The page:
Newspaper article Pittsburgh Post-Gazette (Pittsburgh, PA)

Mortgage Rules Tightened Homebuyers Must Now Establish Plan for Delinquent Debt

Newspaper article Pittsburgh Post-Gazette (Pittsburgh, PA)

Mortgage Rules Tightened Homebuyers Must Now Establish Plan for Delinquent Debt

Article excerpt

Homebuyers who have debts that have gone into collection are not automatically disqualified from obtaining a mortgage through the Federal Housing Administration, but new rules will soon require those homebuyers to at least set up a payment plan for delinquent credit accounts before closing on a house.

The new FHA standards going into effect on July 1 also will give prospective homebuyers a chance to dispute debts that do not belong to them due to identity theft, credit card theft or other types of financial fraud. Those debts will not be counted against them.

But any legitimate debt or combination of debts in collection totalling $1,000 or more must either be paid off or the borrower must set up a payment plan and make three timely payments to demonstrate to FHA underwriters that they can pay the debt and handle the mortgage.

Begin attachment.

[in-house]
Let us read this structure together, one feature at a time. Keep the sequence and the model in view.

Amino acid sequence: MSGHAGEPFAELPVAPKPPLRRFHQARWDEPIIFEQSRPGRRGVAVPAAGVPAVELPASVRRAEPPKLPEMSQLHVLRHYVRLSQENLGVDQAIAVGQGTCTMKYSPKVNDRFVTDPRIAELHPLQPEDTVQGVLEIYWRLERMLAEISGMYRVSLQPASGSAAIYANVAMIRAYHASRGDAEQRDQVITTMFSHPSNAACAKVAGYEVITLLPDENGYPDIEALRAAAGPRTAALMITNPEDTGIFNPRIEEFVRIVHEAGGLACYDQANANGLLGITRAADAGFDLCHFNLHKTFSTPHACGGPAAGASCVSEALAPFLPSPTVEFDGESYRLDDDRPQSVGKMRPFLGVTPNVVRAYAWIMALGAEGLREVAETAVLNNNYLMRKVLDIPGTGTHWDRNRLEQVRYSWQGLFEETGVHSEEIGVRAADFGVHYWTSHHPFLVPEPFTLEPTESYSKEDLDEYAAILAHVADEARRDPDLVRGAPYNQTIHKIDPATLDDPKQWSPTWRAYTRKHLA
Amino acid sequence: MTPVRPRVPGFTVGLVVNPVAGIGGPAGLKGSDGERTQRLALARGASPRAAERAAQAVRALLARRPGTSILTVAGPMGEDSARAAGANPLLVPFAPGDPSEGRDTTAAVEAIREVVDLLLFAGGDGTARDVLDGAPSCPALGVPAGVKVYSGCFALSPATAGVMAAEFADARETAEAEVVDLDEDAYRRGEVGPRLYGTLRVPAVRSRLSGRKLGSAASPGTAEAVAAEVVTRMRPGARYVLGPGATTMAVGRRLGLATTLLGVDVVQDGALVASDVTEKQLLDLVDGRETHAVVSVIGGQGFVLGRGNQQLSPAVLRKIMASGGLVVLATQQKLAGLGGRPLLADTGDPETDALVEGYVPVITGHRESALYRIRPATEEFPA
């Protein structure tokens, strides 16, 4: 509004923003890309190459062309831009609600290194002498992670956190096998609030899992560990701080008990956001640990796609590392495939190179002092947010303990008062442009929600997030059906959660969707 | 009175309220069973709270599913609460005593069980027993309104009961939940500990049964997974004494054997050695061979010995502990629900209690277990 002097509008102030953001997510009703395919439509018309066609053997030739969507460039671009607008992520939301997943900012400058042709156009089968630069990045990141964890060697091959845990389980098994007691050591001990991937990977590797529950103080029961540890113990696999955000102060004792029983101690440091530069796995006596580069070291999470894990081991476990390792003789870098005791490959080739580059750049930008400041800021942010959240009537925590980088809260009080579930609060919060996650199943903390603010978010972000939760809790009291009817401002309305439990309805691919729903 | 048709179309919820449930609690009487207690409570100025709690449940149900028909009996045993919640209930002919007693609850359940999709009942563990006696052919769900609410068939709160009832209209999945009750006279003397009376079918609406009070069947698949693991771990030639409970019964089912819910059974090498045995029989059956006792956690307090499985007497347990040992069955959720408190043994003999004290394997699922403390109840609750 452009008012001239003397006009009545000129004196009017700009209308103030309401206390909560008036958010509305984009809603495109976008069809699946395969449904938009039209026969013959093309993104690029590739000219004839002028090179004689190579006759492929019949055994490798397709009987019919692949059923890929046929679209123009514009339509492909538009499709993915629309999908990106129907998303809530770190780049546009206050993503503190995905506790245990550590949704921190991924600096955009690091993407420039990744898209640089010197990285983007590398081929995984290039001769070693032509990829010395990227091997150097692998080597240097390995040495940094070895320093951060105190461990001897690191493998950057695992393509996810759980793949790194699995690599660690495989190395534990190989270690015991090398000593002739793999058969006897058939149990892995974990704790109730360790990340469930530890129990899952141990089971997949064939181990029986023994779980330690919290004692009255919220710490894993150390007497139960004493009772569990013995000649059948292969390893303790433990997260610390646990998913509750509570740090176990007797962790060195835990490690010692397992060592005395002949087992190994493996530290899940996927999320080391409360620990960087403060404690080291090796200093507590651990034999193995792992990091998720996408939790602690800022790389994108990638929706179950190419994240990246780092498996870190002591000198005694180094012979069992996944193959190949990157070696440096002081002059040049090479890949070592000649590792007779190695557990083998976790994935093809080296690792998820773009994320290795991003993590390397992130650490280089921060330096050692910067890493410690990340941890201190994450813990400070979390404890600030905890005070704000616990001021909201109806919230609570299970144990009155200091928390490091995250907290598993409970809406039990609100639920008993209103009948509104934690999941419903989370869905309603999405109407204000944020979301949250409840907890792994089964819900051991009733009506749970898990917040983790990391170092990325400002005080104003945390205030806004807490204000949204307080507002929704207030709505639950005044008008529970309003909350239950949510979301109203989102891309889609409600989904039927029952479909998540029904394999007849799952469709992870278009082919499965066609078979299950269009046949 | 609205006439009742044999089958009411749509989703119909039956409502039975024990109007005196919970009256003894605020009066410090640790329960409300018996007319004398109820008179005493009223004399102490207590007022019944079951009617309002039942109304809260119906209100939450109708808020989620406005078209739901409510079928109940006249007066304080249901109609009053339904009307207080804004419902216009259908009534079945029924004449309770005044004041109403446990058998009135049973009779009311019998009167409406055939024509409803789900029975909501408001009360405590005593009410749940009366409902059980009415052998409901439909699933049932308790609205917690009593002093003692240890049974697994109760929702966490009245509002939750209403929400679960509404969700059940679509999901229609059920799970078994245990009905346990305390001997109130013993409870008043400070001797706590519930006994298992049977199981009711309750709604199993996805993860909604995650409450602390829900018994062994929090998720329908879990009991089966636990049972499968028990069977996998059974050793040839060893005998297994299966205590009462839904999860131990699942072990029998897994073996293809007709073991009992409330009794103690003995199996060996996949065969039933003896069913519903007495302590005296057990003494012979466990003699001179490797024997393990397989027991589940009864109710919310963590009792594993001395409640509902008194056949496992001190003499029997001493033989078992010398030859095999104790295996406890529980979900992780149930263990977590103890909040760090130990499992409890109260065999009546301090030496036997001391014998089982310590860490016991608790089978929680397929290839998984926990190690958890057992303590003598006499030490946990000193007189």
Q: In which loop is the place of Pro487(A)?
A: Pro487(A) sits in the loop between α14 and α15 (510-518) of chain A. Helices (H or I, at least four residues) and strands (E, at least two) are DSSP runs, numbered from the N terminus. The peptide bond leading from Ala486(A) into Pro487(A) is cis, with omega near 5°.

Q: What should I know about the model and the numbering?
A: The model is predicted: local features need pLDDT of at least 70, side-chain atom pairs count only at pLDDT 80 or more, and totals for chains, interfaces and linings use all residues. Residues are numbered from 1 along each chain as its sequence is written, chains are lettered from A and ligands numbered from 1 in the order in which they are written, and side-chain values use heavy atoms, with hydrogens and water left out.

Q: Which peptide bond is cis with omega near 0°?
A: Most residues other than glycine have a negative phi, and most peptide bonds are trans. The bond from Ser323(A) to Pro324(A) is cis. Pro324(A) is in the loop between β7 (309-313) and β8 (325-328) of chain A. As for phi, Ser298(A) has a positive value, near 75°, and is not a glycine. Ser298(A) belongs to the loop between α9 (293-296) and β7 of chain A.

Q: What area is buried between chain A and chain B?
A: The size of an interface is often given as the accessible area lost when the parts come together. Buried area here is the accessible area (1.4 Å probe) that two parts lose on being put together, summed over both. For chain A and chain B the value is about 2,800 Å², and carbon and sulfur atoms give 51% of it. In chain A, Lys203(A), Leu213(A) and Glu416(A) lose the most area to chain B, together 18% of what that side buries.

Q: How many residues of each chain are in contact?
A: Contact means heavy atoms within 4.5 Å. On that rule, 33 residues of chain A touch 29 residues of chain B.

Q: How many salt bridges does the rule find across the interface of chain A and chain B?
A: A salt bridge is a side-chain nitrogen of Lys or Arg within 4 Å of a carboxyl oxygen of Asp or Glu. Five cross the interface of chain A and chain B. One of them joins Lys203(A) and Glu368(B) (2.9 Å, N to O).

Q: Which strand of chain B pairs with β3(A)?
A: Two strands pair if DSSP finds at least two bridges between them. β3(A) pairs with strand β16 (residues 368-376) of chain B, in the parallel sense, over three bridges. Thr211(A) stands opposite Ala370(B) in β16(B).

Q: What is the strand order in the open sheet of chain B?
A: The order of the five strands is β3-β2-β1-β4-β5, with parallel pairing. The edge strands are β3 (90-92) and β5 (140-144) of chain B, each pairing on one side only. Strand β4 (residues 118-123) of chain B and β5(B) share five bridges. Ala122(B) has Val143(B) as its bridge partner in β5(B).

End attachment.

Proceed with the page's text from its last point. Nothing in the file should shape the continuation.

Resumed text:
FHA will continue to require all court-ordered judgments for unpaid debt to be paid in full before approving mortgage loans.

The new rules could delay many FHA real estate closing by at least three months, as homebuyers work to make three timely payments on accounts in collection. Payment arrangements also will be included in the calculation of the borrower's debt-to-income ratios, which also could cause a potential buyer to be turned down for a mortgage.

"We do this to protect the financial health of FHA and to protect families who might otherwise be getting into mortgages they can't sustain," said Brian Sullivan, a spokesman for the Department of Housing and Urban Development in Washington, D.C.

While FHA has historically provided home loans to low-income borrowers with less than stellar credit and little money saved for a down payment, the federal agency is being forced to take greater precautions at a time when the nation is faced with a housing crisis brought on by millions of foreclosures.

Loan volume for FHA mortgages has exploded since the onset of the housing crash. The agency's market share for home purchases has spiked from 6 percent of all U.S. home purchases in 2007 to 30 percent as of December 2011, due to more borrowers being unable to qualify for conventional loans from commercial banks.

During that same time period, the average amount that FHA has loaned for home purchases also has grown from $138,700 to $167,500, according to HUD data. …

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